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originally posted by: FyreByrd
a reply to: baglady333
LOL - depression food. I like them too.
When substituting wheat flour with gluten-free flour, you'll usually get best results with recipes which have only a small percentage of flour in them. Your health food shop -- or perhaps even your supermarket -- will sell gluten-free flour.
Gluten free flours will generally absorb more water than "normal" flours and will also lack the robust structure and "tolerance" typical of gluten containing flours.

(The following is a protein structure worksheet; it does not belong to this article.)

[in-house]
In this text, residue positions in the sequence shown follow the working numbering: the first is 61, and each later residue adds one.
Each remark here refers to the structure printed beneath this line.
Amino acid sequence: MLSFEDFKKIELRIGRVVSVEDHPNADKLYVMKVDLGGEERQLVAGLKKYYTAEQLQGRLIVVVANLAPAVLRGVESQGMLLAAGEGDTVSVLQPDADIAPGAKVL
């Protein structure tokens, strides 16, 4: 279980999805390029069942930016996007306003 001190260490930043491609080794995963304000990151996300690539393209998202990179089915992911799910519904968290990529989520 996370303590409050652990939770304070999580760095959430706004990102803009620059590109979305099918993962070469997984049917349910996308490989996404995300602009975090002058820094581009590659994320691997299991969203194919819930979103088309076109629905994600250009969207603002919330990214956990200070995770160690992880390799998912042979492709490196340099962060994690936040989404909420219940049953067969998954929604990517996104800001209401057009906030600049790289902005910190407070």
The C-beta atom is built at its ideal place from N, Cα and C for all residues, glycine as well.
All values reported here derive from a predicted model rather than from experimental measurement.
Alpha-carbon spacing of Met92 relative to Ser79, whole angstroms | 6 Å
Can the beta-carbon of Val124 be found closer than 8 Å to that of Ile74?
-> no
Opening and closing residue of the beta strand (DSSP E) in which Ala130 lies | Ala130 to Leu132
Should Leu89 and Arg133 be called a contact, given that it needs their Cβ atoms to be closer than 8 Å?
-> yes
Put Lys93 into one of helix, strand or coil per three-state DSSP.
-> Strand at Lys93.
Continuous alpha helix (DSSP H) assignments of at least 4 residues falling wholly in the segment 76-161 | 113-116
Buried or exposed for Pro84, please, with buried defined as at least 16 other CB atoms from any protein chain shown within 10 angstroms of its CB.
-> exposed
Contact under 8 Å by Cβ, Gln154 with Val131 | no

Generally speaking, where a biscuit, cookie, sponge, swiss roll or other recipe that bakes in a thin layer contains flour, sugar, butter/margarine and eggs, gluten free flour, plain or self raising, can be substituted directly for wheat flour. However, once you come to adding the dry gluten free flour to the wet ingredients, care needs to be taken in the mixing, which needs to be as gentle and for as short a duration as possible to avoid knocking the carbon dioxide and oxygen from the more fragile gluten free structure, especially in the case of sponges and swiss rolls. The biscuit, sponge or whatever should then be put in the oven as quickly as possible to ensure the maximum possible rise.